Adding a photo is fairly simple, you should choose one where you are smiling and one that reflects the image your company wants to portray – Remember this isn’t Facebook, Linkedin is about your professional side. That photo of you passed out at your mate’s 30th isn’t going to impress the boss or any potential future bosses/employees.
Here are a couple of examples from my contacts of what I consider to be good photos:
To add a photo hover your mouse over profile and select edit profile. Then click the camera that is over your current photo. You can then choose the photo to upload and the visibility which should be everyone.
Add a headline
A headline can sell you and/or your company. As a recruiter it is your chance to tell people why you are on Linkedin. Your headline appears in search results rather than just your current job title.
Updates to your headline are reflected on your contacts home pages. Therefore it is advisable to update this perhaps every month to keep yourself in their mind-set. This will also show on their weekly update email (unless they have disabled this feature.) If the message remains the same then the change only has to be small such as changing the words around.
Adding a summary is important. Otherwise your Linkedin profile is just a CV. Your summary should explain who you are, what you or your company are good at and what you are looking for. From a recruiter point of view you should be explaining why people should want to work for your company, what your company is looking for and how people can get in touch to discuss available roles.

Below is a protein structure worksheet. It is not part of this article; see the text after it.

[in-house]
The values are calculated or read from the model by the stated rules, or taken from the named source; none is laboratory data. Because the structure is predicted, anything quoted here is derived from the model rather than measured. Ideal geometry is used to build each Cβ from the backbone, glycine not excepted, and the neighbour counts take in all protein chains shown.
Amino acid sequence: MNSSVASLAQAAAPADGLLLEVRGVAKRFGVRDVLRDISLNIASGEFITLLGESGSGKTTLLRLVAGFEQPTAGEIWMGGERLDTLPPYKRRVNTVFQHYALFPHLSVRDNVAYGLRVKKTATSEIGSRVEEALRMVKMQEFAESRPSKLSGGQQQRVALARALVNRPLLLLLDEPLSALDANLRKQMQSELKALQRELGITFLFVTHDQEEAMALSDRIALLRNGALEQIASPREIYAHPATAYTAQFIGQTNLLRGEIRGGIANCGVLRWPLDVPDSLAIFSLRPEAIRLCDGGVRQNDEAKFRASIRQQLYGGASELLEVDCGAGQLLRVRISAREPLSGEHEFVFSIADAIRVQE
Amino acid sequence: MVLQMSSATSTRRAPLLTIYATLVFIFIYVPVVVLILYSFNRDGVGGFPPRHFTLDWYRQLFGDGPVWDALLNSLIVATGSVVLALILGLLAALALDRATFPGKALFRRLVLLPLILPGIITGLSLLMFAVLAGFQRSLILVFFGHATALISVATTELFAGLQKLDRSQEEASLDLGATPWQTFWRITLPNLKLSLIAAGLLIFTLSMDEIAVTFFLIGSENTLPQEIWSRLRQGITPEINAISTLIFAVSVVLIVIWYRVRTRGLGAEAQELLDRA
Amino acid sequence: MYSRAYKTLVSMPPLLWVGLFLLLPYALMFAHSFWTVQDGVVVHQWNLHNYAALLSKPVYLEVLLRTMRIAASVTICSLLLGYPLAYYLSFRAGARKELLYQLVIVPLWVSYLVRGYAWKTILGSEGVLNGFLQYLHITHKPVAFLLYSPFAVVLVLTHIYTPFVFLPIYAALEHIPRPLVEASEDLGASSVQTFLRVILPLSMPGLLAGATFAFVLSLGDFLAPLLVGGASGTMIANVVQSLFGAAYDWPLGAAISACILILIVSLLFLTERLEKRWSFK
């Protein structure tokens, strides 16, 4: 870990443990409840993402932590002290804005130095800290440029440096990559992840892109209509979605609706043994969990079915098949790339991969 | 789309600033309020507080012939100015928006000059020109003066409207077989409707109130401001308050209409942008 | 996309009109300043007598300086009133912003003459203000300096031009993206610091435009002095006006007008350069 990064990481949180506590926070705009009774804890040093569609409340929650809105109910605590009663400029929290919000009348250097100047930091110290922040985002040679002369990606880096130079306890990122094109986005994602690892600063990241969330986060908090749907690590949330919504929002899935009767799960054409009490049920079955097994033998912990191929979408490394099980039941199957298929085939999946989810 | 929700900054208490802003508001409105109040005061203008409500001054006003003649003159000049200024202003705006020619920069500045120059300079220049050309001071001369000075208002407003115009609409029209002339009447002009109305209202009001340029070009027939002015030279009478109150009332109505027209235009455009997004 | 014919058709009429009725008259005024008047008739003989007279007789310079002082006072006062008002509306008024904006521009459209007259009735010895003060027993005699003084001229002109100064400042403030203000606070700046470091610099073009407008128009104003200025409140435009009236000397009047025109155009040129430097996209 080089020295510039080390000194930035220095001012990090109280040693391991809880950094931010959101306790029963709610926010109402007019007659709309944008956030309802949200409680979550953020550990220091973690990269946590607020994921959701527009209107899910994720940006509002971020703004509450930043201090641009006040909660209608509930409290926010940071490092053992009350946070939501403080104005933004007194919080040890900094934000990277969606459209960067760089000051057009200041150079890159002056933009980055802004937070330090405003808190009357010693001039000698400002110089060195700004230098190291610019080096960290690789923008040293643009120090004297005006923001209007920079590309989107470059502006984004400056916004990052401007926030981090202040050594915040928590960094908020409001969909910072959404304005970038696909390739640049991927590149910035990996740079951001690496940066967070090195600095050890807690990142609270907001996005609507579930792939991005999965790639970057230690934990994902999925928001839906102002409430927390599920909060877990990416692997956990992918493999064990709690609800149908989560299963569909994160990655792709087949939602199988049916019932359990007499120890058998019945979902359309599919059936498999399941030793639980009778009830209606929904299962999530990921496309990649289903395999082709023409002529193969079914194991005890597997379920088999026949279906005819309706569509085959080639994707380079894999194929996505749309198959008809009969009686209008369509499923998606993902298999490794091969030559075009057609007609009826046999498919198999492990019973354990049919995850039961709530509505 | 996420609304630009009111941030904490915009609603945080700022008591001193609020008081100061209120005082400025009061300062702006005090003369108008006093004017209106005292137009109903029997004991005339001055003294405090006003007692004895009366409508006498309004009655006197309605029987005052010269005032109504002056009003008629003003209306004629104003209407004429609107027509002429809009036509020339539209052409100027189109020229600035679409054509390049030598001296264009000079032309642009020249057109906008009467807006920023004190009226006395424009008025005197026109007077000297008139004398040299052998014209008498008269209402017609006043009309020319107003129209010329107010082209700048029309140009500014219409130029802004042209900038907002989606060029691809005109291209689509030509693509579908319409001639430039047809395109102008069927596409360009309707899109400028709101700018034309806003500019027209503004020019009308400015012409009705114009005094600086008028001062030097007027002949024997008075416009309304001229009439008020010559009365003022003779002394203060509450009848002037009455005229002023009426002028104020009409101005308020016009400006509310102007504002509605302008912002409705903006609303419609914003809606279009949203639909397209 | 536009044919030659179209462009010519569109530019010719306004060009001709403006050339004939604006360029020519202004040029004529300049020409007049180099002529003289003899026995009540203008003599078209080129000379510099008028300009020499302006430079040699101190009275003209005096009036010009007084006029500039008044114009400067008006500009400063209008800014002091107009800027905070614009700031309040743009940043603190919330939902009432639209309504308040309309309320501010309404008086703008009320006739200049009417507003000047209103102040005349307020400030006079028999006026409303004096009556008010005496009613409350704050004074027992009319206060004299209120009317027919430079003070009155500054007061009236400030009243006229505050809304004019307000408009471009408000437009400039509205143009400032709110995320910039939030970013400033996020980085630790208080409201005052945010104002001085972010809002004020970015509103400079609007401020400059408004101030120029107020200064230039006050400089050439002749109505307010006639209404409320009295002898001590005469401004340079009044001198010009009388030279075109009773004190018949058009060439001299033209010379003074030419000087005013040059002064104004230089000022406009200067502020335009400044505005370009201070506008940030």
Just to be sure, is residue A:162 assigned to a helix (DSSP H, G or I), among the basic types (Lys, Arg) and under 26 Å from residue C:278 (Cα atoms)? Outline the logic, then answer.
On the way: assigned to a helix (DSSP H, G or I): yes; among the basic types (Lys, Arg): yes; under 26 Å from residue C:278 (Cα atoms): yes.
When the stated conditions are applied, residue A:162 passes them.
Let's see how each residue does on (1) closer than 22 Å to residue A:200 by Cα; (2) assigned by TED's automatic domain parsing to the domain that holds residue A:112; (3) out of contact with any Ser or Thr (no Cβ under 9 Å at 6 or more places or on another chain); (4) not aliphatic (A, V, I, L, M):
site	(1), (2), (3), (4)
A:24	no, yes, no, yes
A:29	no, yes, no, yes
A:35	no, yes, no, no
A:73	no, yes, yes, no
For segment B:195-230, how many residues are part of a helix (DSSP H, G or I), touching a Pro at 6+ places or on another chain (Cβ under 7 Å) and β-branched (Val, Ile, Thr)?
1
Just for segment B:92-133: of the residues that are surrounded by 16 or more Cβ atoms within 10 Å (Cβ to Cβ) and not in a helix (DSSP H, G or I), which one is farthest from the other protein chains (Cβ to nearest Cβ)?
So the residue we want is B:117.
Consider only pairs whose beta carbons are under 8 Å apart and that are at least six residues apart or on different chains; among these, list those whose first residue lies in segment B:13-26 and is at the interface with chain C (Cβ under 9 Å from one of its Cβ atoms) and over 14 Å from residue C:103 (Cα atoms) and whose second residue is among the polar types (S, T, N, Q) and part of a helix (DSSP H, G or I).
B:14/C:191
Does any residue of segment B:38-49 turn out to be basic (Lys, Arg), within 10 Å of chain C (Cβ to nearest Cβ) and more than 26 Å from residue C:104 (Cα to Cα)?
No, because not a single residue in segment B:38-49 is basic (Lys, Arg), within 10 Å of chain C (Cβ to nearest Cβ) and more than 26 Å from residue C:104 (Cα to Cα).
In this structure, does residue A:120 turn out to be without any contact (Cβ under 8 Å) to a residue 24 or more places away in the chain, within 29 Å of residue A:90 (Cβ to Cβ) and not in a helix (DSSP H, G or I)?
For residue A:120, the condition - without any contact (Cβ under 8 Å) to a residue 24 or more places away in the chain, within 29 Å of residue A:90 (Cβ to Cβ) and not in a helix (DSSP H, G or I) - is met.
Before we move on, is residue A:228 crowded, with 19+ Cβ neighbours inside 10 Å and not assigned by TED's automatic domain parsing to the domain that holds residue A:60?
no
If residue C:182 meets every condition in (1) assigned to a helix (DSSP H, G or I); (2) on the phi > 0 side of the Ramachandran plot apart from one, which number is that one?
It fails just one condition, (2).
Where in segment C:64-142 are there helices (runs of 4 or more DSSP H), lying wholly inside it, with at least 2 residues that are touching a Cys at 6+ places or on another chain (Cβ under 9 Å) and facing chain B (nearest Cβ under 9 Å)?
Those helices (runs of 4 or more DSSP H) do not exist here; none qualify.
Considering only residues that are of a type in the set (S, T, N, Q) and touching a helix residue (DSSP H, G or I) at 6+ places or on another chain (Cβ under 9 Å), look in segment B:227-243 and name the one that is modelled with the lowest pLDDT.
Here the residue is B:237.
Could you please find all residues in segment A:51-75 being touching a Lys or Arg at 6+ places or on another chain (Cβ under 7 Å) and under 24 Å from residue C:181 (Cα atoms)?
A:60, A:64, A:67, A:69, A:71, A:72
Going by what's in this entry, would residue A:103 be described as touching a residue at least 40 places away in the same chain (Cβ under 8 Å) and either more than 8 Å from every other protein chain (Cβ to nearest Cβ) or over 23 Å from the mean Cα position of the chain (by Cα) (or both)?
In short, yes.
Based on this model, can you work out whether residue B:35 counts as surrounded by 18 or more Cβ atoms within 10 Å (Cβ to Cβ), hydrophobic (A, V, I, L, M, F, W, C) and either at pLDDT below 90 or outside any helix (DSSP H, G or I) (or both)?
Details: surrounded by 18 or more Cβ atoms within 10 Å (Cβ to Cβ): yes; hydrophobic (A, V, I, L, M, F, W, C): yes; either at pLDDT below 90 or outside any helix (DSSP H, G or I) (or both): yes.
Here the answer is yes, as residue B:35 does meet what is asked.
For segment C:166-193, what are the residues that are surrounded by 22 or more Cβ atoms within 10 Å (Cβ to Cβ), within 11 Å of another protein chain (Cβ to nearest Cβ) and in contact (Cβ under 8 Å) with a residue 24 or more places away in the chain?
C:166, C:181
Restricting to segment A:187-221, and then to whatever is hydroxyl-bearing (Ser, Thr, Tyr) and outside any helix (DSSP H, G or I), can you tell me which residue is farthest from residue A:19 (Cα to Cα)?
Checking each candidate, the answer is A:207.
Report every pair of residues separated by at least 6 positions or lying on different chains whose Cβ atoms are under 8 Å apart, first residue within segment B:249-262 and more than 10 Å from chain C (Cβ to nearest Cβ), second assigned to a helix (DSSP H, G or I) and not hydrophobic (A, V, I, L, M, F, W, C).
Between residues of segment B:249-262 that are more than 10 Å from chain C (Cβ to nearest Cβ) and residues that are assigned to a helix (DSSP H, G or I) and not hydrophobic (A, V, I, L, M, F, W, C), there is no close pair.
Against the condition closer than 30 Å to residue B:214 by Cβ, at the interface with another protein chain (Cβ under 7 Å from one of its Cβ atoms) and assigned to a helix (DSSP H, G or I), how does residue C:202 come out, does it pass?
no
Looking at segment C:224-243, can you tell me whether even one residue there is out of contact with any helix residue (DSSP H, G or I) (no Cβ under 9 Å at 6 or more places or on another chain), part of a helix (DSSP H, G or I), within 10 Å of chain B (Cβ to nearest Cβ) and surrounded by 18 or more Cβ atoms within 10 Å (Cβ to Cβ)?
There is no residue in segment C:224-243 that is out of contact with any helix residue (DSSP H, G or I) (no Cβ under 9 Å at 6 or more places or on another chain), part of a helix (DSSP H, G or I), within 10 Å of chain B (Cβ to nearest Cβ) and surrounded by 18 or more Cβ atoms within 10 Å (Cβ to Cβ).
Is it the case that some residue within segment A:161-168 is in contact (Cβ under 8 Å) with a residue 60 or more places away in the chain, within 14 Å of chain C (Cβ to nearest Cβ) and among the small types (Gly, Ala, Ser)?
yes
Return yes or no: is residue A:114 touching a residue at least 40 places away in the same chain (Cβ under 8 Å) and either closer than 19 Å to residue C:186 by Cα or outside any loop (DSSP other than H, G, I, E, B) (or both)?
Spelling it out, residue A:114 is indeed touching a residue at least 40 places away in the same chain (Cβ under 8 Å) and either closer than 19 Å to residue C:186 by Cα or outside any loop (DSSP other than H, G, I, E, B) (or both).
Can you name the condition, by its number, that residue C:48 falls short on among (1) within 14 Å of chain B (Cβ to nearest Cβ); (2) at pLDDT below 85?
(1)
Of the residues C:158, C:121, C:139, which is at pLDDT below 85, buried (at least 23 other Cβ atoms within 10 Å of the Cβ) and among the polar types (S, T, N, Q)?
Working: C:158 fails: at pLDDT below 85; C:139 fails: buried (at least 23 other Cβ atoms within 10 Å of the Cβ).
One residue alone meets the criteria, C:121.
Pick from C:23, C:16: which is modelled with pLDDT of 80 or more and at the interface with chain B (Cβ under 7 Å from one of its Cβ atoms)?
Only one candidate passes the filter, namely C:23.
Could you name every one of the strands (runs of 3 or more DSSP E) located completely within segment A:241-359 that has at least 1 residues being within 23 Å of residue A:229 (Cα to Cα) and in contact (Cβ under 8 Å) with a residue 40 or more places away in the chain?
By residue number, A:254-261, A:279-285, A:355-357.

Next episode: Recommendations, skills and endorsements and adding multimedia to your profile.....
Audible – If like me you spend lots of time on your own on a motorway and you find the radio a little hit and miss then I recommend taking Audible up on its free download offer and see if you can get into Audio Books. http://www.audible.co.uk/
This is perhaps the most common question I get asked in workshops/webinars. HR professionals and in-house recruiters that I meet are typically using free accounts and are interested to know whether they should upgrade to a LinkedIn Premium Account (typically priced at £10-99 per month per license) or whether they even need to purchase a full LinkedIn Recruiter license (prices vary depending on your negotiation skills but typically £8,000 per annum per license).
Here's what you'll need to consider if you are thinking about an upgrade:
1. Upgrade now if…
You want to recruit on LinkedIn the most expensive commodity you are investing is your time. Headhunting is not a 5 minute task and trying to do this with a free account, even if you know all the cheats and workarounds to get the job done, you end up spending a lot of time. So if you are going to be using LinkedIn as a recruitment tool then you need to upgrade.
2. You probably don’t need a LinkedIn Recruiter account unless…